Secrecy News has an update on the interminable and meritless case against two former AIPAC officials:
...in an August 20 response (pdf) that was redacted and unsealed last week, the defense not only denied guilt but also said it would prove that no crime had been committed:
"Defendants will demonstrate, among other things, that they acted with innocent states of mind, believing they were acting in the national interest, that officials were authorized to disclose the information to them, and that their conduct was lawful and necessary to save both American and Israeli lives. They will demonstrate that the information at issue was in the public domain, was not damaging to national security, and was not even classified."
At the hearing next week on October 29, prosecutors will argue that Judge T.S. Ellis, III, who presides over the case in the lower court, "erroneously authorized the disclosure of irrelevant classified information at trial." Furthermore, they said in a September 12 reply brief (pdf), Judge Ellis "improperly grafted on to Section 793 [of the Espionage Act] several additional intent elements that are nowhere to be found in the statute and [he] repeatedly misapplied the test by which the government's classified information privilege is adjudged."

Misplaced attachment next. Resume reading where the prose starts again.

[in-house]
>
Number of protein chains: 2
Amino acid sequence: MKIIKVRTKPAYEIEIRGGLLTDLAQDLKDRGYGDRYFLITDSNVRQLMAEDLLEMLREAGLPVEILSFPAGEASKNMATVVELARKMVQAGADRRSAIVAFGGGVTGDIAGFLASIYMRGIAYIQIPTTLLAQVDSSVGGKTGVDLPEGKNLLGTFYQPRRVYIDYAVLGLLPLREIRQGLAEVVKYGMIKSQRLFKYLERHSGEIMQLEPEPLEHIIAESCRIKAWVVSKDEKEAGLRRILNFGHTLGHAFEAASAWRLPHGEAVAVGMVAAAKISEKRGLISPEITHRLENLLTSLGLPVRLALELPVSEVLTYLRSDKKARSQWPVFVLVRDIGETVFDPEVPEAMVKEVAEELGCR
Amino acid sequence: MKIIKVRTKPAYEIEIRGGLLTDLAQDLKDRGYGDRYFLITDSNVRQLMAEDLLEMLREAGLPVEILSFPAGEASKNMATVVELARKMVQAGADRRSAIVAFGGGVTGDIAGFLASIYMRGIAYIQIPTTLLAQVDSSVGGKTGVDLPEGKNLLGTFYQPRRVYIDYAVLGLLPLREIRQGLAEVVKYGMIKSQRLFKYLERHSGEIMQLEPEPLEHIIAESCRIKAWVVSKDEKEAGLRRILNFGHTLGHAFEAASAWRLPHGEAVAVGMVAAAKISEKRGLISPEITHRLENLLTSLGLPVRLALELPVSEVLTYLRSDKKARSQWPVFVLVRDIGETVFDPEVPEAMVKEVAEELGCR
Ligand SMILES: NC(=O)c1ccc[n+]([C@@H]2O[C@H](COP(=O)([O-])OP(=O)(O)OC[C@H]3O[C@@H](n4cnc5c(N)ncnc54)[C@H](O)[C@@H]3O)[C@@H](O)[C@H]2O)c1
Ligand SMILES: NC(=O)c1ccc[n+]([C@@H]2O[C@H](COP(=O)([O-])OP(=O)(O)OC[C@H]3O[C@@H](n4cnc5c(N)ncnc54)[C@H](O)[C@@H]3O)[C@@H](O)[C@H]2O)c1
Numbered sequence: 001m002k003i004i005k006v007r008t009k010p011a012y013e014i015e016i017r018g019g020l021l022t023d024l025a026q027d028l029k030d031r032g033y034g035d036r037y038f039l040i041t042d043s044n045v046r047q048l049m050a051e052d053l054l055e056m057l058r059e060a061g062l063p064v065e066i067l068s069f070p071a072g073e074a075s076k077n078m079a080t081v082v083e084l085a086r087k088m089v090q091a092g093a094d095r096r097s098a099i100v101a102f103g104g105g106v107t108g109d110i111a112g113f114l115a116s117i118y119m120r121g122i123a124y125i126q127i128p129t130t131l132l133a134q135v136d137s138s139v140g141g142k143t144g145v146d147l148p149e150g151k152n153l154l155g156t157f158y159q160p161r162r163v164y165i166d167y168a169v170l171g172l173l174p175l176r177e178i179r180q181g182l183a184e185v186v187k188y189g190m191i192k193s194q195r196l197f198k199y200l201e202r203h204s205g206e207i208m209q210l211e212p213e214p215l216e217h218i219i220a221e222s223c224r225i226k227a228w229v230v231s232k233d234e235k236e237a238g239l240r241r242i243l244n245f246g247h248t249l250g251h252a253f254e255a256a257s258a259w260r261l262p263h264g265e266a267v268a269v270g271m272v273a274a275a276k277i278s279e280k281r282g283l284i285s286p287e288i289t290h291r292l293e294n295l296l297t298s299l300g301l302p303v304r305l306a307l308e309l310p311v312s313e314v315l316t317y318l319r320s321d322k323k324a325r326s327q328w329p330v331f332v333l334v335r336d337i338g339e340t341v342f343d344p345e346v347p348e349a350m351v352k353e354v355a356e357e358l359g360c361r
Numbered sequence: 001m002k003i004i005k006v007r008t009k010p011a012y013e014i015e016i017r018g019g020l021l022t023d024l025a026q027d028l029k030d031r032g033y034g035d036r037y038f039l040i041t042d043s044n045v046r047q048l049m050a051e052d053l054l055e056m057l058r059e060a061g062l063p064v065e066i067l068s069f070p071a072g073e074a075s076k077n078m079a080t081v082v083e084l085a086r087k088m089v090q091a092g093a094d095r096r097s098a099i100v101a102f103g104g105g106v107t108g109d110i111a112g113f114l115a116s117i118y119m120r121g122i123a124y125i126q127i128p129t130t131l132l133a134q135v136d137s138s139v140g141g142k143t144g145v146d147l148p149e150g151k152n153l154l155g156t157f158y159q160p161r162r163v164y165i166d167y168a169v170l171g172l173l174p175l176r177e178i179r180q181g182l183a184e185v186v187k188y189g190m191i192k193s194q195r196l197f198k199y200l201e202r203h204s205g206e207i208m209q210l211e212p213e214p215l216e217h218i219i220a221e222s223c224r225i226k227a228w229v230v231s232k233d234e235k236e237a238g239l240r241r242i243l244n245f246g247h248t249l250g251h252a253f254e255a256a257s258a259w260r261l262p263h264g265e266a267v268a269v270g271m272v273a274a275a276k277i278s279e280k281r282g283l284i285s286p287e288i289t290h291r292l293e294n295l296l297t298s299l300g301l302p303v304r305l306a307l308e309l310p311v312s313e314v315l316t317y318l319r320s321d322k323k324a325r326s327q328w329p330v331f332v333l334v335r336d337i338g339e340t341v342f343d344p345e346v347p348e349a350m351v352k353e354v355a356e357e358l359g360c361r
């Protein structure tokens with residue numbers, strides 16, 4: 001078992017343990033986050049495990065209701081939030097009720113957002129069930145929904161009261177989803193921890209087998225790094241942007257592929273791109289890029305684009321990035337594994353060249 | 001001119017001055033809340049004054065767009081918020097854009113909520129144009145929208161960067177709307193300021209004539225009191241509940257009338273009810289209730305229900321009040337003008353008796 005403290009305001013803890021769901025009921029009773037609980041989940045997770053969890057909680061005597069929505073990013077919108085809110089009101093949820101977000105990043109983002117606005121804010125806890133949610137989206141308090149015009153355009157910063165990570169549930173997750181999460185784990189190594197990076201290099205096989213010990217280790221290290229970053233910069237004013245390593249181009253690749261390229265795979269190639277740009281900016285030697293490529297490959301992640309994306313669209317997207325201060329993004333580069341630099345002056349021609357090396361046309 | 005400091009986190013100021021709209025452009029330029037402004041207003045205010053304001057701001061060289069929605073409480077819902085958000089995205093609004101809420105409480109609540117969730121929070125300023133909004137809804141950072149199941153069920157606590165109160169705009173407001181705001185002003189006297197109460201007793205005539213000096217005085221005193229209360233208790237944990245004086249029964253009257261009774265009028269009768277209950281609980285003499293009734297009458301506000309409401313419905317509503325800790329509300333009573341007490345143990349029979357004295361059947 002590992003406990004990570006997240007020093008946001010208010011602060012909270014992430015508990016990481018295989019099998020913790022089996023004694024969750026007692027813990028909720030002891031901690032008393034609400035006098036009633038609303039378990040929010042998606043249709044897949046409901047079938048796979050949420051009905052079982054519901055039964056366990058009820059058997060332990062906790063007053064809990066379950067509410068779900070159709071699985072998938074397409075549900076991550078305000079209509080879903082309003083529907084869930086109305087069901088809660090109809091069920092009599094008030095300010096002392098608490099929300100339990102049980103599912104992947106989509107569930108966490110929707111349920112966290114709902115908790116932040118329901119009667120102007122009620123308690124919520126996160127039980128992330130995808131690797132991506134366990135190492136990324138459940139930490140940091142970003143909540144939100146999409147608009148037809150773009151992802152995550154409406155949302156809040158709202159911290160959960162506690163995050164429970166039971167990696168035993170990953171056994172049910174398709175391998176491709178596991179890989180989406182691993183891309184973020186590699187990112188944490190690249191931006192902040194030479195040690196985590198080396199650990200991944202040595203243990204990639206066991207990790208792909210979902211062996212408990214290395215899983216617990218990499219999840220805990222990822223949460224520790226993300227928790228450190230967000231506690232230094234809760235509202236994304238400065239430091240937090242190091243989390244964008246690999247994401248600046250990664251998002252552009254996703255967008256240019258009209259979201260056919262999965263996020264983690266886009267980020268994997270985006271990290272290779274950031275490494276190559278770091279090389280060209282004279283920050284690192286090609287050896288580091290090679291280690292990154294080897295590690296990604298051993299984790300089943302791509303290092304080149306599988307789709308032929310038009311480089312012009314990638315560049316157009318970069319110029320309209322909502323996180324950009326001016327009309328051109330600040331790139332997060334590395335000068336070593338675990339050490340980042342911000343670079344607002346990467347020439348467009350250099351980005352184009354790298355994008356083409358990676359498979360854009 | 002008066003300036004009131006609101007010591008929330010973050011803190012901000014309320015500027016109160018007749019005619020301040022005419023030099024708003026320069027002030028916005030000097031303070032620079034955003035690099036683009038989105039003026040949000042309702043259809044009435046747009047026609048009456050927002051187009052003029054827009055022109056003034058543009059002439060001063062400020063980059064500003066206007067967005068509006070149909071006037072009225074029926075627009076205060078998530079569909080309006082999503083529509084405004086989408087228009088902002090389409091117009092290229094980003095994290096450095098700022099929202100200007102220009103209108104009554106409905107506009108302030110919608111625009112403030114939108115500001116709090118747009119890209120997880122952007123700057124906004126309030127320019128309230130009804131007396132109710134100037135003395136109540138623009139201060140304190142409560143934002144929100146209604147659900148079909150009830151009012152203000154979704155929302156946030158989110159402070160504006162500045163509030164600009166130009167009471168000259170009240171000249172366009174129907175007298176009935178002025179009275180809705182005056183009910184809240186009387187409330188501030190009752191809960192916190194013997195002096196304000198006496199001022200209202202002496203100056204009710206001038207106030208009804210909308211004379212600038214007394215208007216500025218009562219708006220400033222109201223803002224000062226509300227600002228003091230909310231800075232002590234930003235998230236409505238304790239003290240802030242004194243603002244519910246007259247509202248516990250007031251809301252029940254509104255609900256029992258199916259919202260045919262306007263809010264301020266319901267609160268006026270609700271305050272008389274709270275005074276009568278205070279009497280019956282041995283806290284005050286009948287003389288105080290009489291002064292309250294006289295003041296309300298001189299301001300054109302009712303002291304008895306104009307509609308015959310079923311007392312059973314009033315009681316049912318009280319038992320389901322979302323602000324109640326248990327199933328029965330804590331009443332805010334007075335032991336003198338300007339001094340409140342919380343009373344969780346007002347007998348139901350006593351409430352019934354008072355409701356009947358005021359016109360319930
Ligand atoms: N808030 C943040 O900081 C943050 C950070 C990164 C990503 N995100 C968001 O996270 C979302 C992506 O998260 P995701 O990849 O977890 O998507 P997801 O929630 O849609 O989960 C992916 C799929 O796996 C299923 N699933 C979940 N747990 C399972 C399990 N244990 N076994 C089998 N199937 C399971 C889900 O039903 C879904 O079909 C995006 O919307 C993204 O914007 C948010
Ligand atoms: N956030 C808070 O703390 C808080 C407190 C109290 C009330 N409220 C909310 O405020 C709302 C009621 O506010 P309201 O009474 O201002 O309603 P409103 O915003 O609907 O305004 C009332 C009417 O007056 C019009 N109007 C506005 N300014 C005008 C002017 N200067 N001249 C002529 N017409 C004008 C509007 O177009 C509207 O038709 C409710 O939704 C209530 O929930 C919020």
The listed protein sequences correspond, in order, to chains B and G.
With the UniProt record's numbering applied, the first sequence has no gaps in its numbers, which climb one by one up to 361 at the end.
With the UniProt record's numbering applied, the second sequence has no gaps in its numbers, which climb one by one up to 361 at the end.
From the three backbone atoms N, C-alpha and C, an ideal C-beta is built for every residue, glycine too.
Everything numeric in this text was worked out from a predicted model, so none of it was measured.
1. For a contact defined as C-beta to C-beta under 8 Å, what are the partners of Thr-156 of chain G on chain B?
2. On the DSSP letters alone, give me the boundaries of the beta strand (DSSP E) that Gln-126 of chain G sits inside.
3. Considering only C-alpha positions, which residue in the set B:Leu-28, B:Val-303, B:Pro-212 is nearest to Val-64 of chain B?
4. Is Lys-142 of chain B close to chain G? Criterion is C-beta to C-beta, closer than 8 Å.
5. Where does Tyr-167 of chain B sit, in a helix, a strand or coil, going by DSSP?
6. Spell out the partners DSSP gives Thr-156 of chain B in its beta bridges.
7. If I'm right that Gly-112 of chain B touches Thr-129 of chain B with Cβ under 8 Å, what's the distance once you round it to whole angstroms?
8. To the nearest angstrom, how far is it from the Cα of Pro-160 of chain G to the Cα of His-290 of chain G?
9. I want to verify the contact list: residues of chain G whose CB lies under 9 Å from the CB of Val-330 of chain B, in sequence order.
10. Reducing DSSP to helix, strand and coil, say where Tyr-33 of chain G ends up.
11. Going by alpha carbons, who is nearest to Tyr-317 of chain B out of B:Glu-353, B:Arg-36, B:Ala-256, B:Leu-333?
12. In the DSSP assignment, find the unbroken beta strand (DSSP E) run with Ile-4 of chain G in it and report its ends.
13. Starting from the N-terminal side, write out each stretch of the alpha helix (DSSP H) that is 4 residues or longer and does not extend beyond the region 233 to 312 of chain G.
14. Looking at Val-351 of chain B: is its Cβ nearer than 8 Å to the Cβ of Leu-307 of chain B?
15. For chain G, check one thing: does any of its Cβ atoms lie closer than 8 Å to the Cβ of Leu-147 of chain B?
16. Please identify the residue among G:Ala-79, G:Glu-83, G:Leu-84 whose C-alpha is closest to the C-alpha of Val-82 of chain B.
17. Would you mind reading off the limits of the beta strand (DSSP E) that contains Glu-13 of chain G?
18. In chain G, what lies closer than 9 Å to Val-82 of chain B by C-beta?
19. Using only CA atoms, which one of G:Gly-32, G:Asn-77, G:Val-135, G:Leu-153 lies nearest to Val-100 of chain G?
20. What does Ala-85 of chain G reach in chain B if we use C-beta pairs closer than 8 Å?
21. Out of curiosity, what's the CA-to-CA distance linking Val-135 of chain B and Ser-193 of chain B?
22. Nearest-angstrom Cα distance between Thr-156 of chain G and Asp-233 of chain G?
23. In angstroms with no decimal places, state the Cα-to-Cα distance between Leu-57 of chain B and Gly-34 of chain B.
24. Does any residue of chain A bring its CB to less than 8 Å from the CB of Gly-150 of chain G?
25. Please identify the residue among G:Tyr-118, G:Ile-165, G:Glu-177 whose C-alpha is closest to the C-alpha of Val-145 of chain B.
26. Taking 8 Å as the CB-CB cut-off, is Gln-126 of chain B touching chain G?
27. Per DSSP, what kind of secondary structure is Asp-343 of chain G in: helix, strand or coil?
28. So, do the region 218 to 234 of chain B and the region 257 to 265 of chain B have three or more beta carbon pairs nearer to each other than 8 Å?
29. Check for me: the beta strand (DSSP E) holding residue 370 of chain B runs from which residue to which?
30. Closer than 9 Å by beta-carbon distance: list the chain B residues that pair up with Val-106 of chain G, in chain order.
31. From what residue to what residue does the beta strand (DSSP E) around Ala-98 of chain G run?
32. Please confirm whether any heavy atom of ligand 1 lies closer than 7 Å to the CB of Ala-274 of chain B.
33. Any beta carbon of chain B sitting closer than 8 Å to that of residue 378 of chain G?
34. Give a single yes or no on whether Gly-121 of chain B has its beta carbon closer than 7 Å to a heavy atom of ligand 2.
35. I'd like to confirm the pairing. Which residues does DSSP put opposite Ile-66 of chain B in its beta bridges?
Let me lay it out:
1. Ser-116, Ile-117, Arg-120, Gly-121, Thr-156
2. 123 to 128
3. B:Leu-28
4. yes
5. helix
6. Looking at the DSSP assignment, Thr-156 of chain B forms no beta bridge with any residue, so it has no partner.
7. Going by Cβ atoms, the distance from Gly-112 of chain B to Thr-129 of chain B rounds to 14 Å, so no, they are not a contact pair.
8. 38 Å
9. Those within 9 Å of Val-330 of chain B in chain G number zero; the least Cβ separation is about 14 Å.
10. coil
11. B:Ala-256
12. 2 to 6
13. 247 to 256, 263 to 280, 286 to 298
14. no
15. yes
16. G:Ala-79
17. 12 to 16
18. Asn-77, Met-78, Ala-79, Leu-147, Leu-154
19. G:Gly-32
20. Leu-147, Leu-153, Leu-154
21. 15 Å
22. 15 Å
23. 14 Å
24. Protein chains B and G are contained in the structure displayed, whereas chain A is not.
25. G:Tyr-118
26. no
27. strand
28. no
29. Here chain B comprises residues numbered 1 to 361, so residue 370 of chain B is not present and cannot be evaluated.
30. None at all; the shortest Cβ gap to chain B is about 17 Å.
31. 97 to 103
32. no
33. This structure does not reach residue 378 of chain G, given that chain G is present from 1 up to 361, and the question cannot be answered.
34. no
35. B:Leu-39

The government's harsh assessment of Judge Ellis's handling of the case is remarkable since he is an extremely cautious and deliberate judge (and a Reagan appointee). In an additional complication for the government, Judge Ellis himself sometimes sits on the court of appeals as a designee, making it perhaps a bit less likely that his holdings will be easily overturned by his sometime colleagues.
Adding to the prosecution's disarray, the U.S. Attorney who has been in charge of the case, Chuck Rosenberg, recently resigned. The lead prosecutor, Kevin DiGregory, quit several months ago."
It is not hard to figure out why the prosecutors are fleeing:
Given the unusual charge, the questionable factual basis for the prosecution, and the unfavorable judicial reception so far, some observers wonder why the government continues to pursue the case.
Count us on the side of those observers.